Right to Education for All
Worldwide, more than 120 million children between the ages of 6 and 15 have either never started school, or have dropped out. Millions of children are denied an education because of conflict and crises. In more than 30 countries, schools are misused by armed groups; an estimated 29 million children are out of school because of conflict.
With the ratification of international human rights treaties, such as the Convention on the Rights of the Child, governments made commitments to ensure education for all children and youth. However, discriminatory laws and practices keeping children out of school still persist. A new report from Human Rights Watch found that high school fees, corporal punishment, conflict, child marriage, segregated classrooms, discriminatory practices against minority groups, and unsanitary and inadequate conditions in schools are barriers that keep millions of children and adolescents out of school.
The Human Rights Watch report is based on research carried out in over 40 countries and covers almost two decades. It shows that government monitoring mechanisms, the lack of accountability for children dropping out of school, and the lack of zero-discrimination policies are among the factors contributing to governments’ failures to provide compulsory and free quality education.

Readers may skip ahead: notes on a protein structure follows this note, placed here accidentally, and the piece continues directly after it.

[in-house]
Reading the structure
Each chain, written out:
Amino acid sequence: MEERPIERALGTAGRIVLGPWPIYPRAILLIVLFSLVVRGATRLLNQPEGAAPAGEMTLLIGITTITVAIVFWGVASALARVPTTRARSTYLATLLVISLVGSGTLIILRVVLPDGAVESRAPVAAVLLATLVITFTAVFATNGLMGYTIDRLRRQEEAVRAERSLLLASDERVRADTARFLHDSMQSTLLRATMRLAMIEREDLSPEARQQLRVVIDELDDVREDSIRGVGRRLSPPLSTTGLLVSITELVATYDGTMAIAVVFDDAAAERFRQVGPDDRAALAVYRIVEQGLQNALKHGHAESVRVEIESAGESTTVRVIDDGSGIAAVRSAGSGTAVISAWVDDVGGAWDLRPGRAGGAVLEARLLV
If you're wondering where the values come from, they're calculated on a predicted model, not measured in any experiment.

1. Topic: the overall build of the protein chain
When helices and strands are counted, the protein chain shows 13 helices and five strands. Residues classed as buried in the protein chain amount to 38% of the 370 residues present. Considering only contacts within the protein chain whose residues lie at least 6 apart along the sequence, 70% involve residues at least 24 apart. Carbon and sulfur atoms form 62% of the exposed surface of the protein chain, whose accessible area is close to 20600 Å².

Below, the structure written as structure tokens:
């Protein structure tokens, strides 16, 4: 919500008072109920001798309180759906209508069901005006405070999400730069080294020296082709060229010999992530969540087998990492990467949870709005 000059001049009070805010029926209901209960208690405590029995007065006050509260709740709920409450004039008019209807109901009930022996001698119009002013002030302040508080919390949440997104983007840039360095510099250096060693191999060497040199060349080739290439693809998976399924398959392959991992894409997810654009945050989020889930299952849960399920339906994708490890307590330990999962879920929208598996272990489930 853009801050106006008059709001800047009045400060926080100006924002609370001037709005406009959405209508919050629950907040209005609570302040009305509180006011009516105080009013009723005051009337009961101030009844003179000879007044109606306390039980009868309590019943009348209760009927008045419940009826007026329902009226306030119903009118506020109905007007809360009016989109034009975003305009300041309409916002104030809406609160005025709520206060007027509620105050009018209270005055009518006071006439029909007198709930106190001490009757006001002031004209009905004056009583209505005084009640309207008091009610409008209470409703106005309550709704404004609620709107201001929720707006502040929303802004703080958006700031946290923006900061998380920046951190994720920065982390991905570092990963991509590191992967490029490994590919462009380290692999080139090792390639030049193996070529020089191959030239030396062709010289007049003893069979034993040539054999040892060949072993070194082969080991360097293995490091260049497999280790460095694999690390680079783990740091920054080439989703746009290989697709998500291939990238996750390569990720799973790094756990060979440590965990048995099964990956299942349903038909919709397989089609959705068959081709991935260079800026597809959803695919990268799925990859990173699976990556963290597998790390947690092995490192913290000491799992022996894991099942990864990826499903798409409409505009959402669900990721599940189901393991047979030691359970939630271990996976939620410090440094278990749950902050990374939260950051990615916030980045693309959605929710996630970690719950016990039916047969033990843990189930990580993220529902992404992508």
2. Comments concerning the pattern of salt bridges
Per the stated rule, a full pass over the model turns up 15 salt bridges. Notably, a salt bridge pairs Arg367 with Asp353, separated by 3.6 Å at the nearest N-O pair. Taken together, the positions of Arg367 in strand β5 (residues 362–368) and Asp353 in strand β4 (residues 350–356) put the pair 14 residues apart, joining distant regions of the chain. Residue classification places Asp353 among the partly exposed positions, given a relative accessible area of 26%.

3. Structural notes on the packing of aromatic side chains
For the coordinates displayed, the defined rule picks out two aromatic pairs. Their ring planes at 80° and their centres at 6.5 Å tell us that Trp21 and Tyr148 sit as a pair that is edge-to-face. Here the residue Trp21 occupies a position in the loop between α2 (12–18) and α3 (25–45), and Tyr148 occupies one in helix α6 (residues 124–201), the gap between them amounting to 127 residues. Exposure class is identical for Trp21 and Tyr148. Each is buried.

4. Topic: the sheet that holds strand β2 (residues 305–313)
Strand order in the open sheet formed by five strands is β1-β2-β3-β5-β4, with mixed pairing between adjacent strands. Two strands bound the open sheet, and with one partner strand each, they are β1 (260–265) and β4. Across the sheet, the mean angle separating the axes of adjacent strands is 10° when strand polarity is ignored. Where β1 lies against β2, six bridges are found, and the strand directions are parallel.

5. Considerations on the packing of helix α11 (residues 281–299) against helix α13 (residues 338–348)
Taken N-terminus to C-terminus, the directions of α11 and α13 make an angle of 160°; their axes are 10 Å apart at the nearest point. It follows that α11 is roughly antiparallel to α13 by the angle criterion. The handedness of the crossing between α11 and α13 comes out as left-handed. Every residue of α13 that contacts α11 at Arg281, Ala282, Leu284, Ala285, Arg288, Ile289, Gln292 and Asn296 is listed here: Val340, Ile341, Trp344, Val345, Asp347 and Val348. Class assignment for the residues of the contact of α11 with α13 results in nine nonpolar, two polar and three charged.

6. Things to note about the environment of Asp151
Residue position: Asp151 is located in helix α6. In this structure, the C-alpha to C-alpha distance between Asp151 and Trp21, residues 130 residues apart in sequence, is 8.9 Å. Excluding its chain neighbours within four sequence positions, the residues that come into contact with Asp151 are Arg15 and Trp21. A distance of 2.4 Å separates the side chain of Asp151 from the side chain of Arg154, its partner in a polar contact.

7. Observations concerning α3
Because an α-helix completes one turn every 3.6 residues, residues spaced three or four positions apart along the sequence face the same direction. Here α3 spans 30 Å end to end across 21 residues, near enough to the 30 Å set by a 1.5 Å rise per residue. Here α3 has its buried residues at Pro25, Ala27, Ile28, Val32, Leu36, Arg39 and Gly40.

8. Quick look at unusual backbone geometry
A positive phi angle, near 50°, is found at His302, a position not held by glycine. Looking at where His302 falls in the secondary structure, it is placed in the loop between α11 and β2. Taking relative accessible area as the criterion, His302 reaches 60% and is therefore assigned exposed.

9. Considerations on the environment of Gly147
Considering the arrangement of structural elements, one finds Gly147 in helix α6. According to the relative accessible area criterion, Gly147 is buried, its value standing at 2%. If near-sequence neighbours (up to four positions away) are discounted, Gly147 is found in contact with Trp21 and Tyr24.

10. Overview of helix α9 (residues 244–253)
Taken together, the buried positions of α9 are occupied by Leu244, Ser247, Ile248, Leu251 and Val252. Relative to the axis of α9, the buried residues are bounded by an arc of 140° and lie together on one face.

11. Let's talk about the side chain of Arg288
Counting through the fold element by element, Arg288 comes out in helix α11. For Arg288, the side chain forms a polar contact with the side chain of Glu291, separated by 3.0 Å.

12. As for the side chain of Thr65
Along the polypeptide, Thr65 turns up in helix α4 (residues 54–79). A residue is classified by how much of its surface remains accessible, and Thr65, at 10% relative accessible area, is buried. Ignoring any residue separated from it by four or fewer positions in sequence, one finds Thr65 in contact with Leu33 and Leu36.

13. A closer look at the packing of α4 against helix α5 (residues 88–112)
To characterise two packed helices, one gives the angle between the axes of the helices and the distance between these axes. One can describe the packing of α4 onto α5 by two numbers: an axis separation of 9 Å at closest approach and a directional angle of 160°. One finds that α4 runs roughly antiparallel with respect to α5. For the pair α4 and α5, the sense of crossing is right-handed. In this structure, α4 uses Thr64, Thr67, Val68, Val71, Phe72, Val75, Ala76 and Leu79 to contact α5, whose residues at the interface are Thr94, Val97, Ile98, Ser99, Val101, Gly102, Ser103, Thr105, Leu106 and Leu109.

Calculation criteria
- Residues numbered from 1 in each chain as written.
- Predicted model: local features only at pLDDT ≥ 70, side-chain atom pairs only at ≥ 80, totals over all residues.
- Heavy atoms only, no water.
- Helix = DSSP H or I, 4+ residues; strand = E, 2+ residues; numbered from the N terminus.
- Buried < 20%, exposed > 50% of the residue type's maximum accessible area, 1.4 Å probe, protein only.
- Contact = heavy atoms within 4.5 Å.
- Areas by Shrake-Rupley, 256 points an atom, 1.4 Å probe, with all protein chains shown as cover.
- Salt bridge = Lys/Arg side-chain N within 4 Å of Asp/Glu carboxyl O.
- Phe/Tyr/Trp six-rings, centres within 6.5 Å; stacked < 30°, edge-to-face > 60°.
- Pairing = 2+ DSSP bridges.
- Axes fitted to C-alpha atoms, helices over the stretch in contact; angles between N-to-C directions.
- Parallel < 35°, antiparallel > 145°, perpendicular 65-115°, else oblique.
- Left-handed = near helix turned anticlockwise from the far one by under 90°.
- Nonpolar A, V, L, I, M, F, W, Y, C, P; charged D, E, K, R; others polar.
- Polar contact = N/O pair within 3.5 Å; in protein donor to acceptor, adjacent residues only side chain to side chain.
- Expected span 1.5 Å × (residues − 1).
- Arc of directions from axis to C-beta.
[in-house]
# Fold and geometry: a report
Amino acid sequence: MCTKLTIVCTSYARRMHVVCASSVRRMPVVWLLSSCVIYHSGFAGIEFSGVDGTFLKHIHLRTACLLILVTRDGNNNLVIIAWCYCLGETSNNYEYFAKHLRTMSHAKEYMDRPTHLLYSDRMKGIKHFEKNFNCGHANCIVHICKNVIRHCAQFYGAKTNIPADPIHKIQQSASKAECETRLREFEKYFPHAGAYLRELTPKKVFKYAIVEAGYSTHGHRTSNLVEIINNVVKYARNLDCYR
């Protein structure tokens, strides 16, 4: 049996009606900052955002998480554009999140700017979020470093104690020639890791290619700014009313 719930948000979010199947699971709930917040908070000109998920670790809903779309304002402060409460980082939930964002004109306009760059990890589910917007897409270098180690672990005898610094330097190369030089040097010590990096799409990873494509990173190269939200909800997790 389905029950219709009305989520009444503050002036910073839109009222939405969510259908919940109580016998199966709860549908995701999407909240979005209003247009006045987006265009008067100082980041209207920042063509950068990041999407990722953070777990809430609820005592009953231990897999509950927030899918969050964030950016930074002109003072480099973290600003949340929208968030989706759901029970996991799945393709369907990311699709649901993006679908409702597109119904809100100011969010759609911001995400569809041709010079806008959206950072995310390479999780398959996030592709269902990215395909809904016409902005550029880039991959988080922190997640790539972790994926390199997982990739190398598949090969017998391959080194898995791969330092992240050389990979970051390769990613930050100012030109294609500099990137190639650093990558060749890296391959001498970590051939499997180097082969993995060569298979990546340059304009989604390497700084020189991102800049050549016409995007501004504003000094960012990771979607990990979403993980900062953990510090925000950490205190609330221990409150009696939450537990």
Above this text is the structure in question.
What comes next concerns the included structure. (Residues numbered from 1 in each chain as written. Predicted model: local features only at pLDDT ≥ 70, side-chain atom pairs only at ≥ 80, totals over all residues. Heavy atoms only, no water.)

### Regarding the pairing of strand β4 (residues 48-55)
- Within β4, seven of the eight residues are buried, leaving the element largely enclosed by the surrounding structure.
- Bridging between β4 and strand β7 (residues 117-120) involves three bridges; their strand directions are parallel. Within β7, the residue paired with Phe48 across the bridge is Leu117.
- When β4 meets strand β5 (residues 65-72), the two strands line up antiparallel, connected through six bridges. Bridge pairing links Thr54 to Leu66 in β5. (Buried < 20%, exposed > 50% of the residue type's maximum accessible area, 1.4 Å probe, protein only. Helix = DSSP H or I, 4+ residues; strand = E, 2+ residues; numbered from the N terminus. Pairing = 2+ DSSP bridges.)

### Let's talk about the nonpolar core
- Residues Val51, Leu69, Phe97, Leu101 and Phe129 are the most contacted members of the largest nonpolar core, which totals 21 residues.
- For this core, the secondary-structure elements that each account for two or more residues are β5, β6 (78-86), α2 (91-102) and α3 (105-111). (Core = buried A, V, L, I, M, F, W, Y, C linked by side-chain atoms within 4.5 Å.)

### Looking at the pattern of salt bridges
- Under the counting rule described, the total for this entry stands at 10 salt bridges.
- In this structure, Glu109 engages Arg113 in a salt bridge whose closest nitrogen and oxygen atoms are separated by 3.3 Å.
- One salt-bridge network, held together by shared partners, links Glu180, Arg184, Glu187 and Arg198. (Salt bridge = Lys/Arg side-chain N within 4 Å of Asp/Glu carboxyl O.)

The report further shows that the global focus for universal primary education (MDG 2) has, in some cases, unintentionally led to lower financial - and less political - attention for secondary education. When children cannot attend secondary school, they are at a higher risk of early marriage and/or pregnancy and of being exploited for child labor.
The shortfall between what governments promised two decades ago, and the educational reality children are experiencing globally has resulted in an “education deficit.” This undermines the fundamental human right to education, but also children’s right to quality of life. Education can break generational cycles of poverty by enabling a child to learn skills and knowledge needed to address life’s challenges.
With the establishment of the Sustainable Development Goals (SDGs) in September 2015, governments promised to work together to ensure inclusive and quality education for all by 2030. In this new area of sustainable development, governments must work together to end the “education deficit” by ensuring that all children worldwide have access to quality primary and secondary education, and end the discrimination that millions of children face today.
For more information:
The Human Rights Watch. (2016). The education deficit: Failures to protect and fulfill the right to education through global development agendas.
UNESCO eAtlas of out-of-school children: http://tellmaps.com/uis/oosc/
United Nations Sustainable Development Goals: http://www.un.org/sustainabledevelopment/
Convention on the Rights of the Child: http://www.ohchr.org/en/professionalinterest/pages/crc.aspx